Roses are among our favourite garden plants – and deservedly so. They are versatile, produce vibrant colour all summer long and well into autumn or even winter, and many are deliciously scented. Garden designer Joy Grey shares her favourites.

The British have a long-time love affair with roses and this has been a bumper year for roses. I am often asked the near-impossible-to-answer question ‘Which is your favourite rose?’ There is so much choice and the answer very much depends from what aspect – beauty, fragrance, health, shrub, climber or just a very good all round rose?

Here are some of my favourites for clients’ gardens. With a little care and attention all, to my mind, are wonderful.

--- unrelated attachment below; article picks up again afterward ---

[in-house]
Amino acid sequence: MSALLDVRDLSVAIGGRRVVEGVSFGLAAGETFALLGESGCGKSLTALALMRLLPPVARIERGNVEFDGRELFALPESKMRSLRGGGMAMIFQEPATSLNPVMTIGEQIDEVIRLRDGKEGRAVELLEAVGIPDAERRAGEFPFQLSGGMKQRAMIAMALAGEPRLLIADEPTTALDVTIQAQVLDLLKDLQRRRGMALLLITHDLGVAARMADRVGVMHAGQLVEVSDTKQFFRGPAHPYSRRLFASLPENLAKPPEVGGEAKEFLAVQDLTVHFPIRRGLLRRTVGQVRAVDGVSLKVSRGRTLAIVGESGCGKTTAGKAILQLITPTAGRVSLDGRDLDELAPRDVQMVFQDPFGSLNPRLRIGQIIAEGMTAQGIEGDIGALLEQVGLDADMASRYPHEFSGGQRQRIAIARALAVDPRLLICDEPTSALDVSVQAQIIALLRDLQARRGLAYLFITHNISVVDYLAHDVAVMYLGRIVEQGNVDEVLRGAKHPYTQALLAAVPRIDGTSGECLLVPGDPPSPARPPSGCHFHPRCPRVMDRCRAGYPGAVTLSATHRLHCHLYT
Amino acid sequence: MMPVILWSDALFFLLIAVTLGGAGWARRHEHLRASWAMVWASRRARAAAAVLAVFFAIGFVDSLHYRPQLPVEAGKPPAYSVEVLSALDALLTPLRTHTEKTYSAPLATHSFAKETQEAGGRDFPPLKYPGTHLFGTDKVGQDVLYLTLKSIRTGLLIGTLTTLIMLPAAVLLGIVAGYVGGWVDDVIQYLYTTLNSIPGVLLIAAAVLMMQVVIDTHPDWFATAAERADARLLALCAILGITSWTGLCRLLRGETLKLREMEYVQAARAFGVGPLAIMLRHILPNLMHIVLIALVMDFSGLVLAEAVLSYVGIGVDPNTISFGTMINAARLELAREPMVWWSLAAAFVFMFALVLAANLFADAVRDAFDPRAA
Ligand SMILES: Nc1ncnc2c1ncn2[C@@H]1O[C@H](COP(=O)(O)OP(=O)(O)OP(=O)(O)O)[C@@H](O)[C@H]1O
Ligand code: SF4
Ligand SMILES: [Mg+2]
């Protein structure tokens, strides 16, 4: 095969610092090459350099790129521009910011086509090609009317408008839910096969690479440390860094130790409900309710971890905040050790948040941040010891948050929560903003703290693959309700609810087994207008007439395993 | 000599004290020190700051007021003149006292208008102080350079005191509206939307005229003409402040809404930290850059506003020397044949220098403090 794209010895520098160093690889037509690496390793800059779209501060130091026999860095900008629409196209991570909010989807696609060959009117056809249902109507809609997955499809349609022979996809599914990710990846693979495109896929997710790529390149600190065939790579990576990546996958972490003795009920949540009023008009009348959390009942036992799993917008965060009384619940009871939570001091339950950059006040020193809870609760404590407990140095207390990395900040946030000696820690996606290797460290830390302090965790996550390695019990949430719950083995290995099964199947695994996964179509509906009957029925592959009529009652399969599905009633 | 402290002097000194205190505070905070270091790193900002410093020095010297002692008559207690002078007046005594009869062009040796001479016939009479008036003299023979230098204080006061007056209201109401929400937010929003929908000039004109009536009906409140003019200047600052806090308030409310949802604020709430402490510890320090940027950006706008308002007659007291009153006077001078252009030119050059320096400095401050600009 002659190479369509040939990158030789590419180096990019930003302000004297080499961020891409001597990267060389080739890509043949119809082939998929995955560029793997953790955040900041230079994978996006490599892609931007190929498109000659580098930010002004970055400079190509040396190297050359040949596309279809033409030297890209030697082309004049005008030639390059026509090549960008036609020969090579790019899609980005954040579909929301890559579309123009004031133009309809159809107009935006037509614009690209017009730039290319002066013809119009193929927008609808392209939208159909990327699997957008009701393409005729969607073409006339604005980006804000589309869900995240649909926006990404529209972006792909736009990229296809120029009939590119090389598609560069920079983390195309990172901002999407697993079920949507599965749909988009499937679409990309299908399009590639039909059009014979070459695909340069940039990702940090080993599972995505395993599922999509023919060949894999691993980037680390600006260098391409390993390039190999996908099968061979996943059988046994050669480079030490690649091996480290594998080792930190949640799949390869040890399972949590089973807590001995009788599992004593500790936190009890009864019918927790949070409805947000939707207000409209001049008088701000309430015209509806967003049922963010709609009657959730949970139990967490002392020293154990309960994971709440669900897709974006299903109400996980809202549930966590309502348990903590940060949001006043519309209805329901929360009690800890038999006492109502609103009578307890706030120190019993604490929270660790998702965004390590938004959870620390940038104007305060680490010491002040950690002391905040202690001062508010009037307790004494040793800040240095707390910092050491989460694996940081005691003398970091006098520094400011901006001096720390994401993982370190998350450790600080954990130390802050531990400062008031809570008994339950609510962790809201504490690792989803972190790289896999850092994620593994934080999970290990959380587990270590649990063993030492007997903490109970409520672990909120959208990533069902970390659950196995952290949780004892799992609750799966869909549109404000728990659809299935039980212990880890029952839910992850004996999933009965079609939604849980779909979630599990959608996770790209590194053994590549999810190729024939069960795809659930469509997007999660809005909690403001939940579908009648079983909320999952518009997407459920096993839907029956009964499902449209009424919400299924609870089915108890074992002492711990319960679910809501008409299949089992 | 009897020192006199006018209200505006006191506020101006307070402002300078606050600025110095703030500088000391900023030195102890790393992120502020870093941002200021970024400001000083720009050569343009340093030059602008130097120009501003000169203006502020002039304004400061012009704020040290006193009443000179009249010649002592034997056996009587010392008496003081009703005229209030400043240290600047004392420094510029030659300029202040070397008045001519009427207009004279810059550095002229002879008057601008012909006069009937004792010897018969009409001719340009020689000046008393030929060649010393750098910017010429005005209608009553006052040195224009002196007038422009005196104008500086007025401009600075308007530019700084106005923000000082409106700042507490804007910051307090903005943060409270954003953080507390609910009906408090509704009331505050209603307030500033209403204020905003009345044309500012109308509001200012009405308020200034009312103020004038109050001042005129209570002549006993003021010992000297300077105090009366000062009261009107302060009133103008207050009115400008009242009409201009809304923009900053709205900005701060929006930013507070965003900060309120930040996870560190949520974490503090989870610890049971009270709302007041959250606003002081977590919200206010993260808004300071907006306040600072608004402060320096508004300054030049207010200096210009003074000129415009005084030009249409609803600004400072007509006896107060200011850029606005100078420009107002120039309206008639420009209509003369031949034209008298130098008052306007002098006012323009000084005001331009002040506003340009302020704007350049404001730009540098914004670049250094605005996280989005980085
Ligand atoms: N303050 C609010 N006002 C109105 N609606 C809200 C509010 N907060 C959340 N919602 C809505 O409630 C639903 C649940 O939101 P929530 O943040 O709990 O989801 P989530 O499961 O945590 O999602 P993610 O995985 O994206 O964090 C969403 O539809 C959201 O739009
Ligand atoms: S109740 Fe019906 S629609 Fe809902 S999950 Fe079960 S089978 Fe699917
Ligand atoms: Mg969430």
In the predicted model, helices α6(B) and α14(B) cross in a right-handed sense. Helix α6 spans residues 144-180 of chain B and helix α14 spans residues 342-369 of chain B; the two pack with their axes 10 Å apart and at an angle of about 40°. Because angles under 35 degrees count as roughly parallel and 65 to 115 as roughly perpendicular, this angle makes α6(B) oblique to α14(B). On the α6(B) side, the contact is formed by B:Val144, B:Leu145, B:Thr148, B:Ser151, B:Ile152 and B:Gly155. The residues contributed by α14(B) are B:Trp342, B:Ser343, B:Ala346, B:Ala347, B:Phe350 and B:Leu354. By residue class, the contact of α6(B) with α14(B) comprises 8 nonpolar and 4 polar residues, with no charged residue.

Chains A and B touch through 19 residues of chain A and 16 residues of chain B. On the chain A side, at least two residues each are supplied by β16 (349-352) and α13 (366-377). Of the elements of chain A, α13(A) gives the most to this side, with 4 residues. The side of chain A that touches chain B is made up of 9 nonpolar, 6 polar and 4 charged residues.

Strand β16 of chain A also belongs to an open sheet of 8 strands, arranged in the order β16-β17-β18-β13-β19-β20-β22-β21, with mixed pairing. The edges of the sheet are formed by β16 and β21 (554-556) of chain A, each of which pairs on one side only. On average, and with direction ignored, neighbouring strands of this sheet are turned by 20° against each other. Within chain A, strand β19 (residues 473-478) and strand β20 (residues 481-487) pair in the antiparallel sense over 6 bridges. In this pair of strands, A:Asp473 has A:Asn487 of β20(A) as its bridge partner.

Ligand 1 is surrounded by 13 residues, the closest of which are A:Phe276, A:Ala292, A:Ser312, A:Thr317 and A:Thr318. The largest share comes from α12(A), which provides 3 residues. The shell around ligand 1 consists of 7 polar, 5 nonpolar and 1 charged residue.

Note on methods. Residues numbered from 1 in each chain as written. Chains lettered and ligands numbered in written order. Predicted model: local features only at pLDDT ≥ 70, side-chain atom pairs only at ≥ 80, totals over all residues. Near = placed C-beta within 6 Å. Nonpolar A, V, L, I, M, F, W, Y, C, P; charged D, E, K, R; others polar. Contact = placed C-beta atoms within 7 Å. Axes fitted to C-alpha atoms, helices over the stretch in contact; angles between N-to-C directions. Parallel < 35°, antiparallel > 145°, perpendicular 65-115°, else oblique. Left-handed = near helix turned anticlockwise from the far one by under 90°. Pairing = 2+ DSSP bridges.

For exceptional fragrance and flowers: R. Gertrude Jekyll’ 

For a shady or north wall: R. ‘Madame Alfred Carrière’ 

For a sunny sheltered wall: R. banksiae ‘Lutea’ 

For climbing into trees: R. ‘Paul’s Himalayan Musk’ 

To train up pillars: R. ‘Pink Perpétué’ 

To train on a wall: R. New Dawn

Attractive foliage: R. glauca  

For impressive hips: R. ‘Geranium’ (moyesii hybrid) A

Thornless: R. Zephirine Drouhin

For hedges: R. ‘Roseraie de l’Haÿ’

For ground cover: R. Kent

For a sunny mixed border: R. The Generous Gardener (pictured above)

As a standard: (6Ft.) R. Ballerina

Best disease resistant: Bonica

There are, of course, many more very beautiful roses to choose from and your tastes might well be different to mine. Whenever possible try to see roses in bloom before purchasing by visiting rose nurseries or rose gardens during the flowering season. Now is a good time to do this.

Places to see roses:

Malleny, Balerno, Midlothian

Saughton Park and Gardens, Edinburgh

Queen Mother’s Memorial Garden at The Royal Botanic Garden, Edinburgh 

The Alnwick garden, Northumberland

The Queen Mother and Piper Aplha Memorial Garden, Aberdeen

The Grey Cottage, Goose Green, Gullane EH31 2AT
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